It is an attempt of historicisation of racial oppression as Jaine is granddaughter to a nanny raped by her white master and daughter to a mother raped by her teacher. But more than anything it is the story of a woman’s strife for identity and freedom against a patriarchal society and upbringing. During the course of novel, she marries three domineering men Logan Killicks, Jody Starks and Tea Cake with whom she experiences the roles of a domestic helper, a trophy wife and somehow an equal, respectively. And this intra-racial struggle between the two genders has ignited the attacks against novel from the critics who shared Hurston’s background. Nevertheless, hers is an apt description of Afro American society, based on
The Order Sale Vera Waterston or also known as Sá is a crossed breed daughter from her mother an Elemental and her father who is a noble. She is part of the uprising that is trying to stop the segregation and harsh treatment towards the Elementals, as is her mother until she is wounded in a riot. Growing up with Elementals as her family, Sá knows the truth about how the orderly actually treat them. Sá is now stuck between two hard choices of whether she should leave everyone she knows and cares about in the slums and go with her father, or stay and watch as everyone suffers under the power of the orderlies. *** “Sá,” her mother aspirated.
The Yellow Wallpaper is a feminist text, telling a story about women’s struggles against a male-centric society. It clarifies that her good meaning, but oppressive husband John who pushes the nameless character to madness in attempt to help her while also showing that the behavior protocols could have devastating effects on women during the time period. While this is condescending behavior to the readers, when the story came out this was accepted and quite normal. The tone, images, and metaphors in the story show a woman triumphing in the only way she can over the repressive patriarchy. The basic plot of the Gilman’s The Yellow Wallpaper revolves around a woman who is diagnosed with nervous hysteria when actually suffering from postpartum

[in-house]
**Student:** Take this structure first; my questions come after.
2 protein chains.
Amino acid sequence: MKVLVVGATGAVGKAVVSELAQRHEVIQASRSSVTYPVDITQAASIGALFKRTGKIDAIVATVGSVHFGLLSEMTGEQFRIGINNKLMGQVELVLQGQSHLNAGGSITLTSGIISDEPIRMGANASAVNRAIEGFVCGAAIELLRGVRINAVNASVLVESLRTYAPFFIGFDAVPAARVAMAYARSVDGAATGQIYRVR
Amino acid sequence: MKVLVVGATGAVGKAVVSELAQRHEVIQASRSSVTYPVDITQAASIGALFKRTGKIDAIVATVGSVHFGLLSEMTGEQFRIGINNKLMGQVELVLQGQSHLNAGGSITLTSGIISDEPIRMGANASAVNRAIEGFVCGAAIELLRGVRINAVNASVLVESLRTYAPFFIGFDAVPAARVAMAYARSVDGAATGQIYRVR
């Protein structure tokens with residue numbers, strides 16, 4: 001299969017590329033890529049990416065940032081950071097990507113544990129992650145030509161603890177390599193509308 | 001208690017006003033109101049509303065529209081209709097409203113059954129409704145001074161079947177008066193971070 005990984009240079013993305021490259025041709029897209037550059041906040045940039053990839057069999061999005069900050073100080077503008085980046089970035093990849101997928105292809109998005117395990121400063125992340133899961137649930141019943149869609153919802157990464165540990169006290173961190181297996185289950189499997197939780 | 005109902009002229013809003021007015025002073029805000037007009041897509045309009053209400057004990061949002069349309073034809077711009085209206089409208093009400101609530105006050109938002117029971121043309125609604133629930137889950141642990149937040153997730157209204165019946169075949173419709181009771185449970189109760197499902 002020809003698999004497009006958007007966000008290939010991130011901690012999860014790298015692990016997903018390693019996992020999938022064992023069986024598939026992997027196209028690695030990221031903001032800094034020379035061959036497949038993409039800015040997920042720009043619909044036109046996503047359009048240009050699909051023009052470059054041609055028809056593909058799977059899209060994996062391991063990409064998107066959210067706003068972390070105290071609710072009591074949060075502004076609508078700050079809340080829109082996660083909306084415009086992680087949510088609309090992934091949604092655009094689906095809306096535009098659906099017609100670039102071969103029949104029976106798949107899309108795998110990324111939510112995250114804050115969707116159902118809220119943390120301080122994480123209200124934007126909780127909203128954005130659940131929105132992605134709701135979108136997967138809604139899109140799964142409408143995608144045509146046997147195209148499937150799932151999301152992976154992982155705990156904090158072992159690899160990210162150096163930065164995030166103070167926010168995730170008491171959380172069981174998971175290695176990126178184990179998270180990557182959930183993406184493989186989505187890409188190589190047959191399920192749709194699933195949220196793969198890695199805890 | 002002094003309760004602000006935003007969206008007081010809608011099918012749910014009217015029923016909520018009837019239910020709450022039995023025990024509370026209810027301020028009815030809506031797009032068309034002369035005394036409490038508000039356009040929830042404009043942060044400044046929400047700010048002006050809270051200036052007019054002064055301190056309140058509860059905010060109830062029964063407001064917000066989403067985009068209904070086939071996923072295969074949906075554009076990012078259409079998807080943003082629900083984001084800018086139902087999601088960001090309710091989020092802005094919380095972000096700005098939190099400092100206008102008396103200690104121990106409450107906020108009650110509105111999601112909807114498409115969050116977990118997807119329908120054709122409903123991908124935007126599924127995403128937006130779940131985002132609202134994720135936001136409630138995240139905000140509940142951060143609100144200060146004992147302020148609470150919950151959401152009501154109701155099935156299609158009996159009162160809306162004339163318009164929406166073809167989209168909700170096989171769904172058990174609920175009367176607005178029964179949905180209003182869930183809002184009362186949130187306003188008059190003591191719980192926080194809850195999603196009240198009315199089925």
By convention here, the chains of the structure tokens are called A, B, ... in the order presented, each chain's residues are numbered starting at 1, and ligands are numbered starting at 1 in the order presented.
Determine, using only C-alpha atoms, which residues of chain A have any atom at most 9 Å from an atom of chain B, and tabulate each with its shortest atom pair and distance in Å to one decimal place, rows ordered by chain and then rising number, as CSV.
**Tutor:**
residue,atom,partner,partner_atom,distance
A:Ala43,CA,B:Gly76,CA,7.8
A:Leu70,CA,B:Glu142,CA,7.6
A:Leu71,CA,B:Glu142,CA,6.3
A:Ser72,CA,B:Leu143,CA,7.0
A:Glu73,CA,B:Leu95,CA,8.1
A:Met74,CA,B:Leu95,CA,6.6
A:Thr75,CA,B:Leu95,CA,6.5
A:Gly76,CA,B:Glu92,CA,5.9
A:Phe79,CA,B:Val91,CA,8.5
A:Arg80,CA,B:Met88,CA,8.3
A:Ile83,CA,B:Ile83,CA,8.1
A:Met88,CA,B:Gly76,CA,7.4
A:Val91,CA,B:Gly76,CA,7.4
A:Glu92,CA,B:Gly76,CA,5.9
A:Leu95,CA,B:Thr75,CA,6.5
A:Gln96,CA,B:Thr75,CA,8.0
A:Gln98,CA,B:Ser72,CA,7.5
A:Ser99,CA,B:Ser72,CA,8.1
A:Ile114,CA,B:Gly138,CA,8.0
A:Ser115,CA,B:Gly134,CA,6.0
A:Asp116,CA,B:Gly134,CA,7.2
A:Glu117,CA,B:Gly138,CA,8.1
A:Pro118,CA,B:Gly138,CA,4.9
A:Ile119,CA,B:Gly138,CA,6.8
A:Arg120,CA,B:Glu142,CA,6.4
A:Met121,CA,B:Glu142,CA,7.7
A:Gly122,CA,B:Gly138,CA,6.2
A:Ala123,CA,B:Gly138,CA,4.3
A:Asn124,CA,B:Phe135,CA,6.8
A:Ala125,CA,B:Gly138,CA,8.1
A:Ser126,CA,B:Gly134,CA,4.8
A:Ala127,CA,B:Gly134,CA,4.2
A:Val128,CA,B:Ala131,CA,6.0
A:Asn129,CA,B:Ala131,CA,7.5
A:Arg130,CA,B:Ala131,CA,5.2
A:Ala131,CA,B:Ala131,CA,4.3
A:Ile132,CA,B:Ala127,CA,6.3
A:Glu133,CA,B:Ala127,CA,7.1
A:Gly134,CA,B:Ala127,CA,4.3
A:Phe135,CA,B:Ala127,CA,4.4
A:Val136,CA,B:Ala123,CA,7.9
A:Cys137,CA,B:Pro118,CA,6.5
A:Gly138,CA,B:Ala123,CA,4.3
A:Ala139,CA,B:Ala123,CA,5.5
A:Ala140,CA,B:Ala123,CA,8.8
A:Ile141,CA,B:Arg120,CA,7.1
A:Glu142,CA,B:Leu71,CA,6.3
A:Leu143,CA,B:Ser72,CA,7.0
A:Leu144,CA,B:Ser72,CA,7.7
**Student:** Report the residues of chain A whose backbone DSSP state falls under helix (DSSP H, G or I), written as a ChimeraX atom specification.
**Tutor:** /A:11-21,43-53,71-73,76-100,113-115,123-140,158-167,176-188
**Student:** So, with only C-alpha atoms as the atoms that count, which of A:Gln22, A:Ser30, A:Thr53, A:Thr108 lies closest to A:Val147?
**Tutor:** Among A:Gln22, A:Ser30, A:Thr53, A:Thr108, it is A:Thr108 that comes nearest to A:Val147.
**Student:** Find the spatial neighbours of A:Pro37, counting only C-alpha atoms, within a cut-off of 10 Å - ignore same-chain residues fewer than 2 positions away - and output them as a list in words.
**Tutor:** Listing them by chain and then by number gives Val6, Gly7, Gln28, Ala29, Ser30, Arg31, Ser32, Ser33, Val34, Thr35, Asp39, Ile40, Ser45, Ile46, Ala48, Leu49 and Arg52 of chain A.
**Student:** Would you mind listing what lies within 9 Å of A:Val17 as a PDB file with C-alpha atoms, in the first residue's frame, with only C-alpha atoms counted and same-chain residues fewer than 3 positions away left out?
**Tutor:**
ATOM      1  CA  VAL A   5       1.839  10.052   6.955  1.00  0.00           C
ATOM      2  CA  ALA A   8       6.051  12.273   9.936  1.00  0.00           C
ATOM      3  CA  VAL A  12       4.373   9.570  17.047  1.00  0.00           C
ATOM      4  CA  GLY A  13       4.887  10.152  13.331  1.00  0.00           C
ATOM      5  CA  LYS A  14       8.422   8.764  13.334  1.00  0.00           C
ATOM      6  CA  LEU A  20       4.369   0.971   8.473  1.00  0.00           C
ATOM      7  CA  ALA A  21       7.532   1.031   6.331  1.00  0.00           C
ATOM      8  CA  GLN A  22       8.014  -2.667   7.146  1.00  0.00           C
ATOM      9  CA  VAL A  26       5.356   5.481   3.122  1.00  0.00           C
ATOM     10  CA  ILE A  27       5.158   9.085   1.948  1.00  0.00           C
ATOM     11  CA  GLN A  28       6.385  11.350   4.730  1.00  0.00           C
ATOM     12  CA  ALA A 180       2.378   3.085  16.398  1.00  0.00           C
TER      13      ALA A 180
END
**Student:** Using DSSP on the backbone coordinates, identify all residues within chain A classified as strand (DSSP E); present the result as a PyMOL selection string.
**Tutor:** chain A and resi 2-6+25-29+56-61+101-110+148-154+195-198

Dr. Mosgrave pronounces Lady Audley mad simply as a result of Robert’s concern for their family name. He, however, sees her actions more as a “conspiracy” (Bronte), as the crimes were logically thought out, acting on desperation rather than insanity. Despite Lady Audley admitting that she is mad, it is easy to question whether this is only an attempt to excuse her of the crimes she has committed. Braddon criticizes the notion that insanity is the only explanation for women who do not accept the limitations placed on them by a repressive society. Instead of being detained for her crimes, Lady Audley is sent to a maison de santé in Belgium and left to die